New research from University of Montana scientists suggests that the wildfire that ravaged Fort McMurray and continues to makes its way through the boreal forests of Alberta, Canada, isn't a one-time affair. The data suggests that such events will continue to become more common due to the effects of climate change.

The recent Canadian fire led to the evacuation of 88,000 people and a decrease in the nation's oil production by one-third. The new study indicates that northern boreal forests in the U.S. state of Alaska and other high altitude locations will continue to be vulnerable to such fires due to global warming.

Although the new study focused on Alaska, the findings - which have been accepted for publication in the journal Ecography: Pattern And Diversity in Ecology - suggest that climate change will continue to increase the risks of such fires in all high altitude regions around the world. Specifically, they found that the risk of a fire in northern regions will likely increase up to four times in comparison to recent decades.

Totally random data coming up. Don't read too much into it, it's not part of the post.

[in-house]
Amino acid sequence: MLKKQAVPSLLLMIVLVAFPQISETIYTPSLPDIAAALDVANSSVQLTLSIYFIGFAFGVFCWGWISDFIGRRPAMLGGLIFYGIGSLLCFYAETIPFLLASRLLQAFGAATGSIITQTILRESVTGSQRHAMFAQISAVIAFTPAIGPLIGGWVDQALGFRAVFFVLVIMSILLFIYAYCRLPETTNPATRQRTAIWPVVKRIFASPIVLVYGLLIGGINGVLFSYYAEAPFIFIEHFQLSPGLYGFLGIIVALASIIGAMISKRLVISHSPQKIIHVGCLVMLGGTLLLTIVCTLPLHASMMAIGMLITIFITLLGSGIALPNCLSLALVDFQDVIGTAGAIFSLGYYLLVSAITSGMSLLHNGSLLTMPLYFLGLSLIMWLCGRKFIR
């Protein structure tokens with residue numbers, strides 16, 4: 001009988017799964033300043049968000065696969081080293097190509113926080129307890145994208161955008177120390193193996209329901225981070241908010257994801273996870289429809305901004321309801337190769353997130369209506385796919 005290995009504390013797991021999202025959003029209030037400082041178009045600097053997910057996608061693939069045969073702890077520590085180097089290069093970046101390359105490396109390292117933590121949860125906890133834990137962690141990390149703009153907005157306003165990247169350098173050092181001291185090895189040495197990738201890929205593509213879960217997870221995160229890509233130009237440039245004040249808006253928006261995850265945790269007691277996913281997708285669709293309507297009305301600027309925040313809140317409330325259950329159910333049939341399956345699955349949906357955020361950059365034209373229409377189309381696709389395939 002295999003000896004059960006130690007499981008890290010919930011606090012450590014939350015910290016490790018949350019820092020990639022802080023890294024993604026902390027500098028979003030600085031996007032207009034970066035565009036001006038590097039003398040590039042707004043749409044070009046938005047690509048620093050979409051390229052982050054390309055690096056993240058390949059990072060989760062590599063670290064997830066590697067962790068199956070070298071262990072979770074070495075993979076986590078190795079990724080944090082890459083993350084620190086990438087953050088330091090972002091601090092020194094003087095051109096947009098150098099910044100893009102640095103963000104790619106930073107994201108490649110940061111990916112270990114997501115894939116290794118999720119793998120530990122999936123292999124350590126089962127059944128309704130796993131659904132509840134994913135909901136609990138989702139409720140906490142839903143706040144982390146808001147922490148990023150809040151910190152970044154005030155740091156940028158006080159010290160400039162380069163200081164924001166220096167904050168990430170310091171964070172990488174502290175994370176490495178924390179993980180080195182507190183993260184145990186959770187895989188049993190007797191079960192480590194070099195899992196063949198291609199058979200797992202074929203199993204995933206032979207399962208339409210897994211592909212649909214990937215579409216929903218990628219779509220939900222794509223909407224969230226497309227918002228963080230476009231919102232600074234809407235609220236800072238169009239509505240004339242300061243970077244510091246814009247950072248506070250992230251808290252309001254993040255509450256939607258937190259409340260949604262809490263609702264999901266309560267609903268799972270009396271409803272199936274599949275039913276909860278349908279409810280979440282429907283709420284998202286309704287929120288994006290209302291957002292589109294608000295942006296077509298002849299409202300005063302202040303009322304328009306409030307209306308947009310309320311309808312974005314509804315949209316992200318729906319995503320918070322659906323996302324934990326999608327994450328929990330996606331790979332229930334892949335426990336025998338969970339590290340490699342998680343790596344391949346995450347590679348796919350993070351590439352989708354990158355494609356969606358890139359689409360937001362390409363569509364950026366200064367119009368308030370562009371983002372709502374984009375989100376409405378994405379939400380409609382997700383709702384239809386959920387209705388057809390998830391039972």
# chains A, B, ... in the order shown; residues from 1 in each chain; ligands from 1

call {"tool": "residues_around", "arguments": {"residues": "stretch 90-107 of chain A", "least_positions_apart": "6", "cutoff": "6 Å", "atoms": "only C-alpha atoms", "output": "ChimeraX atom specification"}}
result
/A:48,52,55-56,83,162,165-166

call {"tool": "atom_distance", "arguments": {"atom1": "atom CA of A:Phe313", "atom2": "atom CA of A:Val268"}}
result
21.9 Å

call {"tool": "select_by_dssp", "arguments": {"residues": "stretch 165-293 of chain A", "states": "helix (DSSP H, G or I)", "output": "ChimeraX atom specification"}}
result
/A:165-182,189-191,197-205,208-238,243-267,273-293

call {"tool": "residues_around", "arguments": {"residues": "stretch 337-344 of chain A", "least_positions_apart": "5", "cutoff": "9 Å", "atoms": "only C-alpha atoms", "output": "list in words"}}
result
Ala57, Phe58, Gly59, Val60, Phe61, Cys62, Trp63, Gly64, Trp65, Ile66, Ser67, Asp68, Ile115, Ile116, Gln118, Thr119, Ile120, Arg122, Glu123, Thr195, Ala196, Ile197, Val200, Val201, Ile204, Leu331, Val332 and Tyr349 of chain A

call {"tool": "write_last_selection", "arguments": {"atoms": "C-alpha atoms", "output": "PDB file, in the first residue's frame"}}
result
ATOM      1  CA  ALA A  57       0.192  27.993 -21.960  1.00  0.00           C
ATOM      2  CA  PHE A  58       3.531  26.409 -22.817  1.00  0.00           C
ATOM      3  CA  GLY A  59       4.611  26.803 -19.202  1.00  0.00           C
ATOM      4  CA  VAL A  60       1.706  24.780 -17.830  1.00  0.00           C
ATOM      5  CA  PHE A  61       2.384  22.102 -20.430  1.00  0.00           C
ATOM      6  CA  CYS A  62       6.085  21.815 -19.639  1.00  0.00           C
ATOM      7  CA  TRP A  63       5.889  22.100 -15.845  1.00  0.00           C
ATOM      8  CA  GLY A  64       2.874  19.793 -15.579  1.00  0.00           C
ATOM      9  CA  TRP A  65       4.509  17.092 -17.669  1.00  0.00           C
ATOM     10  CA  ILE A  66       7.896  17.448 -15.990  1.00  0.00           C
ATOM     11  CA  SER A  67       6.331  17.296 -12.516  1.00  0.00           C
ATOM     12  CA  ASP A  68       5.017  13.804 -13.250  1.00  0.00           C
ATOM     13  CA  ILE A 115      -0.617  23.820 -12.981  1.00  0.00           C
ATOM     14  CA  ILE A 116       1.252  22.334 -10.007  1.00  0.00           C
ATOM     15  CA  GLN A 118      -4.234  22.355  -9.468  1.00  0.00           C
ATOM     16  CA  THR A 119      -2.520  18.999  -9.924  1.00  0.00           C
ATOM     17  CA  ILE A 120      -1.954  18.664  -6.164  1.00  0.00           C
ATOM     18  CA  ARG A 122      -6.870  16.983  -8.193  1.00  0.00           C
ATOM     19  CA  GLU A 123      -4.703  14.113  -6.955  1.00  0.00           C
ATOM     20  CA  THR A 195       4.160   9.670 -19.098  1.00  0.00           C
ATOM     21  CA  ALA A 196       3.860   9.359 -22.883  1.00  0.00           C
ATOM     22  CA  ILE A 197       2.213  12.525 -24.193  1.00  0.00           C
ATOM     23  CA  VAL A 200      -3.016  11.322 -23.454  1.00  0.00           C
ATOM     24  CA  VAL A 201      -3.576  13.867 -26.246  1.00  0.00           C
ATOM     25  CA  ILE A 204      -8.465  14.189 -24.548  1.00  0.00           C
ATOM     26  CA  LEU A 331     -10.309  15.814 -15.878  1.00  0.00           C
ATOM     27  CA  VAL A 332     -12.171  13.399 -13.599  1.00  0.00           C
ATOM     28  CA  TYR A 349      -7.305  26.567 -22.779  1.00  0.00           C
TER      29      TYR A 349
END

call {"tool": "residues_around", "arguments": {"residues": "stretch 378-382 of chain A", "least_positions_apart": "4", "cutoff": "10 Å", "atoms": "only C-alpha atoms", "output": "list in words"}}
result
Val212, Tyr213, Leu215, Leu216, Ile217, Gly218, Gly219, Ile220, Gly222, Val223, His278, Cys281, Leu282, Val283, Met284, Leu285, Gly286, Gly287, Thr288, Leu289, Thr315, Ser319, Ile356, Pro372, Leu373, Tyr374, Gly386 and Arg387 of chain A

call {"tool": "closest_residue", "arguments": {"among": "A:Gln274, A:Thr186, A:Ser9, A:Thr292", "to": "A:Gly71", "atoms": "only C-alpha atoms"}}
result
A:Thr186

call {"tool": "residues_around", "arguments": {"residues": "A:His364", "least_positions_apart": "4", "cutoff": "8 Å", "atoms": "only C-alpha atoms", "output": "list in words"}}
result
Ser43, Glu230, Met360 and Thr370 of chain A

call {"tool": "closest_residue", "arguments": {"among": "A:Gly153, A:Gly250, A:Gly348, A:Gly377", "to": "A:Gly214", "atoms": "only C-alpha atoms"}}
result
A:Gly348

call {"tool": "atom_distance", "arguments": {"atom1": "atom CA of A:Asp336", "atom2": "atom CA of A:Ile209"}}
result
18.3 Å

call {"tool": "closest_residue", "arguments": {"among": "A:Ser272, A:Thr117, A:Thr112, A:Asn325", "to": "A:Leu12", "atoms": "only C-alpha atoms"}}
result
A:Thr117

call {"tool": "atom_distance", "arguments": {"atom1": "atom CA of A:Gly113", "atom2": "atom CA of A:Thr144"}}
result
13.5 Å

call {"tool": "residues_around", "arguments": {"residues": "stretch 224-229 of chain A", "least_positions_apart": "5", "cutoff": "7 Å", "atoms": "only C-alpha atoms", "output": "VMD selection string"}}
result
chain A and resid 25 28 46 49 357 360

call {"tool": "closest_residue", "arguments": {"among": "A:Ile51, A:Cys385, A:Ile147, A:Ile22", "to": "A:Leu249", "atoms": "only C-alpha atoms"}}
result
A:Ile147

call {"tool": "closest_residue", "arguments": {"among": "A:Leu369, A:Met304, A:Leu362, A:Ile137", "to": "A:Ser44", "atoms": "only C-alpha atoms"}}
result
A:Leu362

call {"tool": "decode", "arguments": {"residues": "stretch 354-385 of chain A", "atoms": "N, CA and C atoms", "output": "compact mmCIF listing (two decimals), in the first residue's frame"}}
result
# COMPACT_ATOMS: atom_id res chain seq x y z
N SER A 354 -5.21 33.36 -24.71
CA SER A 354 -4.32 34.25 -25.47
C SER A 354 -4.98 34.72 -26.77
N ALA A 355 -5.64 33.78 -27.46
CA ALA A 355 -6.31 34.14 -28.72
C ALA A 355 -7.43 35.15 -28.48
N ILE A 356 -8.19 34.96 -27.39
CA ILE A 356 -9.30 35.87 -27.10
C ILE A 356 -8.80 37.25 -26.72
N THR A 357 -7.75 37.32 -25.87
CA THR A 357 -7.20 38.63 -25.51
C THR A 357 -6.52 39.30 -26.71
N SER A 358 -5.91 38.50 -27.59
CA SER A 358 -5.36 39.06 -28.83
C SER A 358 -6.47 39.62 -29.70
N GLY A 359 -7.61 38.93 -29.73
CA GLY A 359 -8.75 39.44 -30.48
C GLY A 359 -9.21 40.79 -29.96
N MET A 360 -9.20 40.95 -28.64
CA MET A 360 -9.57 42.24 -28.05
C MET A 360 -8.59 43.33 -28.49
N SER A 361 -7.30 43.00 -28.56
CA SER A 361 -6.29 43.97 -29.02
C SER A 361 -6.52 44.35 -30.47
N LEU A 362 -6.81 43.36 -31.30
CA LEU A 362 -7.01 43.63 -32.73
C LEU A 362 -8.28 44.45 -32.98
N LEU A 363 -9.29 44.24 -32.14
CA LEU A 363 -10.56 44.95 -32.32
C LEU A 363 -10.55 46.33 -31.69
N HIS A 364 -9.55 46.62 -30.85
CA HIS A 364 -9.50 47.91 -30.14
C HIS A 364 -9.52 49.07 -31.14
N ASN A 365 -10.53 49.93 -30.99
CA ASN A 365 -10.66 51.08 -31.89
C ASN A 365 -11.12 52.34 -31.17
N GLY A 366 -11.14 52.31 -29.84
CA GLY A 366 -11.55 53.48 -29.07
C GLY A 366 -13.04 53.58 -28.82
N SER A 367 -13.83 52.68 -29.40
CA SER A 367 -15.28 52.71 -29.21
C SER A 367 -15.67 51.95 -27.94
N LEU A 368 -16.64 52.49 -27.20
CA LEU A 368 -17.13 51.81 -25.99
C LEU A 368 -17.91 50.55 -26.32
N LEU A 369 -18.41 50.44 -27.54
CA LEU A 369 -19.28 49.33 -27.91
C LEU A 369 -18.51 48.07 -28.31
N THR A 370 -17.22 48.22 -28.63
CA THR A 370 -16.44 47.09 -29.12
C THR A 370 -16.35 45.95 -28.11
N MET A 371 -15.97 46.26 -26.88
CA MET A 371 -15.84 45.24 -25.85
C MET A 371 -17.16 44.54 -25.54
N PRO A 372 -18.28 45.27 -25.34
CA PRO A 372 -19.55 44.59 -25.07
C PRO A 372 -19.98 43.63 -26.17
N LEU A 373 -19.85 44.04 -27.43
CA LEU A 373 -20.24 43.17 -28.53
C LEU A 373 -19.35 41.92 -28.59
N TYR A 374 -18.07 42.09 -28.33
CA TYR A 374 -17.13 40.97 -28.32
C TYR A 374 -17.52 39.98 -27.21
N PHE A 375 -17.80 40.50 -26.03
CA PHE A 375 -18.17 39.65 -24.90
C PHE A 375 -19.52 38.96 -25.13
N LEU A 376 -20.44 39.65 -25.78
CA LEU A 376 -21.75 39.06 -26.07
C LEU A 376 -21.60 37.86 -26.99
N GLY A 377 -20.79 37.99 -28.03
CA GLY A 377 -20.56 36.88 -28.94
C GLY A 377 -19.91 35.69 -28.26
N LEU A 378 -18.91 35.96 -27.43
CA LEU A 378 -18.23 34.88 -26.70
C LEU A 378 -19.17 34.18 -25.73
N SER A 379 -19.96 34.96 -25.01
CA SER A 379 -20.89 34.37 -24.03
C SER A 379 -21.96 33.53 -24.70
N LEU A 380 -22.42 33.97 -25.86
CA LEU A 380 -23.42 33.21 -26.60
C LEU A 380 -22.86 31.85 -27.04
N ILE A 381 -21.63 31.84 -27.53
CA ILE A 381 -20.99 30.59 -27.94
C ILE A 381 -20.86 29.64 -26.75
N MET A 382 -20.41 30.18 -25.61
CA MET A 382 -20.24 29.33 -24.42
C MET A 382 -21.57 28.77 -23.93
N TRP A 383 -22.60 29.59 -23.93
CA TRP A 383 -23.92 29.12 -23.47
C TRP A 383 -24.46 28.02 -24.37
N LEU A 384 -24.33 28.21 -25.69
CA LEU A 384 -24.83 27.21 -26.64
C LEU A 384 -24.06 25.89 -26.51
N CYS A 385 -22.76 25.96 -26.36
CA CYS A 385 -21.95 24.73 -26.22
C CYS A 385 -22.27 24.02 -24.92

"We looked at the location of wildfires across Alaska during the past 60 years and, not surprisingly, found that they were most common in regions with warm, dry summers," said Adam Young, a University of Montana scientist and co-author of the research.

Young claims that as regions get warmer due to climate change, there will be "a sharp increase in the likelihood that a fire will occur in a region."

Despite the fact that forest fires are a part of the history of the boreal forest and occur naturally, the data from recent decades points to a surge that might be reaching an unnatural level of frequency and intensity, suggesting a link to global warming and climate change.

"The Alberta wildfires are an excellent example of what we're seeing more and more of: warming means snow melts earlier, soils and vegetation dries out earlier, and the fire season starts earlier," said Jonathan Overpeck, a climate scientist from the University of Arizona. "It's a train wreck."

Boreal forests and Tundra in the northern areas of the world contain a huge amount of carbon, storing around 50 percent of the total soil carbon on Earth. A higher frequency of fires will lead to more carbon in the atmosphere, increasing the concentration of climate changing gases and creating a dangerous negative feedback loop.

"Globally we are seeing more fires, bigger fires, more severe fires," said Kevin Ryan, a retired U.S. Forest Service scientist who now works as a fire consultant.